Doc Star of the Month: Nicole Williamson, 'Made in Boise'
"Loves being pregnant" is not usually a statement found on one’s bio, but it’s certainly relevant information when it comes to Nicole Williamson. The president and CEO of A Host of Possibilities, Idaho's largest surrogacy agency (located in Boise, the "unofficial surrogacy capital" of the US), Williamson is also one of the breakout stars of award-winning filmmaker Beth Aala's surprisingly uplifting Made in Boise.
Aala's doc follows four gestational surrogates, including this indefatigable businesswoman, who smoothly runs her agency alongside her husband while also raising their two young kids—all while carrying her fourth surrogate baby. Even more impressive, though, is that rather than slowing her down, the unconventional pregnancy seems to energize her—and, in turn, the film itself.
Which is why Documentary is delighted that Williamson found time in her 24/7 schedule to be featured as our October "Doc Star of the Month."
DOCUMENTARY: Gestational surrogacy has long been controversial. Indeed, it's illegal in many countries and even in quite a few US states, including New York. So why open up yourself—and your agency, A Host of Possibilities—to a film crew? Who or what convinced you to take that risk?
NICOLE WILLIAMSON: Michigan and New York are the last two states in the US that specifically have a law against compensated surrogacy. New York brought surrogacy legislation up during their last session, but they ran out of time to finish debate and to finalize a draft before the end of their session. Hopefully it will be brought back to the legislature during the next session, and that they’ll pass a law that allows for compensated surrogacy.
When Beth and I initially met, we were just casually talking about surrogacy and I was sharing my stories with her. After a while she asked if she could record the information I was giving her and start filming right there. I am a very open person and have no problem sharing my life or my experiences—especially if it's regarding a cause I am passionate about. When I met with Beth she explained to me that she wanted the documentary to show the humanistic side of surrogacy, and to explain surrogacy from the perspective of a surrogate.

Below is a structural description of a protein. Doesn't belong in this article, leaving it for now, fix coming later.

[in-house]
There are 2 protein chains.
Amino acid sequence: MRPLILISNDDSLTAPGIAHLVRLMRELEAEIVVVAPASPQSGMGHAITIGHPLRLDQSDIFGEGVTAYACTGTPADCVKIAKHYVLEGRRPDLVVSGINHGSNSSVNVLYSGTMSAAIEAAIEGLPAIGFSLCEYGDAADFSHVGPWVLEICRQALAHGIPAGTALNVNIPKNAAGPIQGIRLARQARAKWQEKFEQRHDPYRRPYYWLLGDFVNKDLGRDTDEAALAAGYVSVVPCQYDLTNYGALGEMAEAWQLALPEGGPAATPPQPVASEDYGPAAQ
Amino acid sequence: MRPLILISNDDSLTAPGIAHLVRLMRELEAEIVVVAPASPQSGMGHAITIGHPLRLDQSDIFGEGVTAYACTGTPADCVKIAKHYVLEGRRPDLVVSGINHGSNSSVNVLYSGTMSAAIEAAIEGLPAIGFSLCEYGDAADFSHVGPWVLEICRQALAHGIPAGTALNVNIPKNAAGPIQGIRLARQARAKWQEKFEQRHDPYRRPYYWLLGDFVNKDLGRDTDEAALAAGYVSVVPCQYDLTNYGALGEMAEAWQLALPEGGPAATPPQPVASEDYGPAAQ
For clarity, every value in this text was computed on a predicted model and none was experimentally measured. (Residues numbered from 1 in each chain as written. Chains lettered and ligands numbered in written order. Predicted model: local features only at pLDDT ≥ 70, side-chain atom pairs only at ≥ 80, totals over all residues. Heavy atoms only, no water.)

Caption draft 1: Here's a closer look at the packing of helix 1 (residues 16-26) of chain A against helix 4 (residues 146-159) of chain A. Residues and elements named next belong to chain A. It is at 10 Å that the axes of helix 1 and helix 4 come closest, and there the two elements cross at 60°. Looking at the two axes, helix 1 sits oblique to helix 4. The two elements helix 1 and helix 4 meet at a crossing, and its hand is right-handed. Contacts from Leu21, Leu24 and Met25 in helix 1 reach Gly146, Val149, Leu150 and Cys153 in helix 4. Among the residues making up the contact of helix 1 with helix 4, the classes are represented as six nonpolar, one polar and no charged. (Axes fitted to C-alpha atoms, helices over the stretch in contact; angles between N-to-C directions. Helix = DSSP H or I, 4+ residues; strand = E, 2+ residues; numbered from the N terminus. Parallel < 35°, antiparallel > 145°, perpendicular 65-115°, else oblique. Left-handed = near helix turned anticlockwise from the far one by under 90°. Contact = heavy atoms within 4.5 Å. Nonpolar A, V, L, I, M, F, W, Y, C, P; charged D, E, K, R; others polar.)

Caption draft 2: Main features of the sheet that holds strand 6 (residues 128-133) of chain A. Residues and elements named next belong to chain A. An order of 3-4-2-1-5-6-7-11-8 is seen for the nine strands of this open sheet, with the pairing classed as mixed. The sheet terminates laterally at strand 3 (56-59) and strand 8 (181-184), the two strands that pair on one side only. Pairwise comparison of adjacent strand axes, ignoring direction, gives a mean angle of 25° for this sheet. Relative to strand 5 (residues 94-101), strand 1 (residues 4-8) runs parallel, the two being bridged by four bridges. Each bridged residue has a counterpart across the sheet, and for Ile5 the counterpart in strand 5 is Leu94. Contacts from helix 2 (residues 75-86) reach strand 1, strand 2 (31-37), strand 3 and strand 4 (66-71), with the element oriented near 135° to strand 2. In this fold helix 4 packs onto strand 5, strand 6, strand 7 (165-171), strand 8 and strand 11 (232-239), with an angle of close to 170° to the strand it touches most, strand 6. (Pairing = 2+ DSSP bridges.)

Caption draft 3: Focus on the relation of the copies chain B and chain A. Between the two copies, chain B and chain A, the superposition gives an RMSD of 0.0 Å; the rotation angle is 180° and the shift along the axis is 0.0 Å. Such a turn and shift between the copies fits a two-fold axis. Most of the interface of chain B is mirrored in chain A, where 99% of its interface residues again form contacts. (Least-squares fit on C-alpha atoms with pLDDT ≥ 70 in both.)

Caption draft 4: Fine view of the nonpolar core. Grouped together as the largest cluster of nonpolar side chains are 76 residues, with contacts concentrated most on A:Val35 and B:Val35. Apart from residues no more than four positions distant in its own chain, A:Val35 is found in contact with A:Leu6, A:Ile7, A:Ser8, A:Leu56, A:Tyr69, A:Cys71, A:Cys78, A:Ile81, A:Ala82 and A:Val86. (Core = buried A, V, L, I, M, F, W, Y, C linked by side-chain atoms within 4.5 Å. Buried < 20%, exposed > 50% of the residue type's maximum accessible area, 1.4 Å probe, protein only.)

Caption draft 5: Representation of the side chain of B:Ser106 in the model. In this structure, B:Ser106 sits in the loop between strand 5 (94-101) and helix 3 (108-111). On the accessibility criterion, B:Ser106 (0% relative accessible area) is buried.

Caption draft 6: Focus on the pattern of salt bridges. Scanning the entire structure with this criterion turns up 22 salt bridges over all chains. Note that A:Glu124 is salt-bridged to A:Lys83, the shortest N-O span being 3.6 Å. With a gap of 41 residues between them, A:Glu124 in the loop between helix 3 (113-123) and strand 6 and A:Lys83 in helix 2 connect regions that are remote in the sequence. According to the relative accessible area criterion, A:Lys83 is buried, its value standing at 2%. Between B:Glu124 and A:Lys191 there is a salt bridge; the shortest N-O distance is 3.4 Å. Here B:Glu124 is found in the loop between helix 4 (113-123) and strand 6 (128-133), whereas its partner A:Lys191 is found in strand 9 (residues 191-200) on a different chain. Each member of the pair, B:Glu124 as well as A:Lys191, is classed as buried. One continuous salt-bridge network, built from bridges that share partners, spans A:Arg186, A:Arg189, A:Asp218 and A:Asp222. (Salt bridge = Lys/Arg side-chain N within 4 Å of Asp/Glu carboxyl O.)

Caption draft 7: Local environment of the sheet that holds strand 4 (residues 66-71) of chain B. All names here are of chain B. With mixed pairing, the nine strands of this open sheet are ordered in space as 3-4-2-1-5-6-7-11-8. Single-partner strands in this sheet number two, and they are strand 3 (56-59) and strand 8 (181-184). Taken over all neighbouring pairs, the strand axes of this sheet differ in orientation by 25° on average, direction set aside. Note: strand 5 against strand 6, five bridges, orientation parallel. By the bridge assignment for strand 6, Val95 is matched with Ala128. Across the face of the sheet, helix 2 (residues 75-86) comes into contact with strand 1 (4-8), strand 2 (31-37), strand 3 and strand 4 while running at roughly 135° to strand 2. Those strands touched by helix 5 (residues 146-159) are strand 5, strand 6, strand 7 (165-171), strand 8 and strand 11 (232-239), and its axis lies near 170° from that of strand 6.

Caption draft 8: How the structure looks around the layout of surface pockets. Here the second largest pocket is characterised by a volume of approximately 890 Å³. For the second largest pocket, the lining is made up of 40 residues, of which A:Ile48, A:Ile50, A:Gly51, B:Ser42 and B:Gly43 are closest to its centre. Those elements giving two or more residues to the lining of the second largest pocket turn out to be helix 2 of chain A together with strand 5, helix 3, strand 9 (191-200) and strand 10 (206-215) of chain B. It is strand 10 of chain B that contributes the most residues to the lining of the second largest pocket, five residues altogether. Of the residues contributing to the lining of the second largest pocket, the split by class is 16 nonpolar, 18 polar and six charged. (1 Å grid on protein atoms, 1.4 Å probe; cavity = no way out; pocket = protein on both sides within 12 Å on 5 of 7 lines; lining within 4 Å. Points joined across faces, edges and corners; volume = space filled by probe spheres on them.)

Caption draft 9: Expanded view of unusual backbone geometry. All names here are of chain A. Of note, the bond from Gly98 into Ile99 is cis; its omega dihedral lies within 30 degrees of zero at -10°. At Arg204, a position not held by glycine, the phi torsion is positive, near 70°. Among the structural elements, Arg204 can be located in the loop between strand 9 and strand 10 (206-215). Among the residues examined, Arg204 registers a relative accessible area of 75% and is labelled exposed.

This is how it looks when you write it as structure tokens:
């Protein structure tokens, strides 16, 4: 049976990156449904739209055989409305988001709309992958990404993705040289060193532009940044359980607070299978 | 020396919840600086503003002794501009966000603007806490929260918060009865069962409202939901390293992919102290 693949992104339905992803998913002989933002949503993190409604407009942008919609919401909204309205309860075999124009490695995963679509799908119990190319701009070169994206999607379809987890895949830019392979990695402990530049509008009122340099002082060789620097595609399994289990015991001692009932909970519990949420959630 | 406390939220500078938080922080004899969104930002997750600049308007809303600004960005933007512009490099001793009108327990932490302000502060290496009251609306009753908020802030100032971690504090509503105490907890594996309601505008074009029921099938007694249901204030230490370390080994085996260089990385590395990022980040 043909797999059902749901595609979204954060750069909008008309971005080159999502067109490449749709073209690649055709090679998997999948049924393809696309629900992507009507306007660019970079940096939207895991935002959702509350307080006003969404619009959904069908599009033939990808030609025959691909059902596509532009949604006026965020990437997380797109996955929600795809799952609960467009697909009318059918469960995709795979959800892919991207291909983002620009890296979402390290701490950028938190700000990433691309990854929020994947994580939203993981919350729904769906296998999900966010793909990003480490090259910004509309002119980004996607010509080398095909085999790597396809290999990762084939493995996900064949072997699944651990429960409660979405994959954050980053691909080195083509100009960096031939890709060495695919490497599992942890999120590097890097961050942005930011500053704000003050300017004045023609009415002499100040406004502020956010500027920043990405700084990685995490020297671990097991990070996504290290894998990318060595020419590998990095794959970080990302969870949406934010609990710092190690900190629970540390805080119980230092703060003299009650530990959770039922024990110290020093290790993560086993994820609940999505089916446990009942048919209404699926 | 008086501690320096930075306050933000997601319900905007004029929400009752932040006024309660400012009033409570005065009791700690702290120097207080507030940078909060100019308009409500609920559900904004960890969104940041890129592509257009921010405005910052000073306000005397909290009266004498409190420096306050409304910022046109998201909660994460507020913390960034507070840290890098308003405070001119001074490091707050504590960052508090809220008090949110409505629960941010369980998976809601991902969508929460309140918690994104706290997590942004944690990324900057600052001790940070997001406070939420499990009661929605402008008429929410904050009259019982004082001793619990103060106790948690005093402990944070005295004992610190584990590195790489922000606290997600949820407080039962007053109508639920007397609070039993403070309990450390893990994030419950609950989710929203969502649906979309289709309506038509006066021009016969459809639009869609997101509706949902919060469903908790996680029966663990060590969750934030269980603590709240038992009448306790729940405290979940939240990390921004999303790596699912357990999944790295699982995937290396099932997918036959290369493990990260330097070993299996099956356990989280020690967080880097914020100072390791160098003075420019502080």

It really didn't take much to convince me to be part of this documentary, and I don't feel like I took a risk. Beth and I got along really well, almost immediately, and I trusted her from the moment I met her at my office. I really felt it was important to show people the positive impacts that happen from surrogacy, and I trusted Beth would be the best person to help get that message out there.
In the past, every time I would hear a story in the media about surrogacy it always had negative connotations. I would ask, "Where are the amazing stories showing parents holding their babies for the first time, and the surrogate smiling and crying, knowing she'd just helped them fill their hearts?" I hear so many sad stories from women who have tried to have a family of their own, only to end up with loss and heartache, feeling hopeless and still just wanting to have a baby. As a mother, I could not imagine not being able to have a baby of my own and watch them grow, and feel that never-ending love for another human being.
D: The doc paints quite an uplifting portrait—though surrogacy itself is not without risks. Women can suffer complications (as they do with any pregnancy or form of childbirth). Intended parents are granted a certain amount of power over a surrogate’s body—and can even request to terminate her pregnancy. Which made me wonder if, had any of these events occurred during production, you would have been agreeable to Beth and her team including it in the film?
NW: Of course I would have—and we did. This included the story of Cindy Floyd’s complications. She was put on bedrest and admitted to the hospital. Even though the relationship she formed with her intending father was amazing, her having to be put on bedrest took a huge emotional toll on her. Not everything was disclosed in the film, but Cindy had a foster child at that time and had to stop fostering that child, due to her pregnancy complications and her bedrest. I think the film covered the emotional toll it had on not only Cindy, but her family as well—especially with her son's interview, in which he expresses how concerned he was about his mother being a surrogate.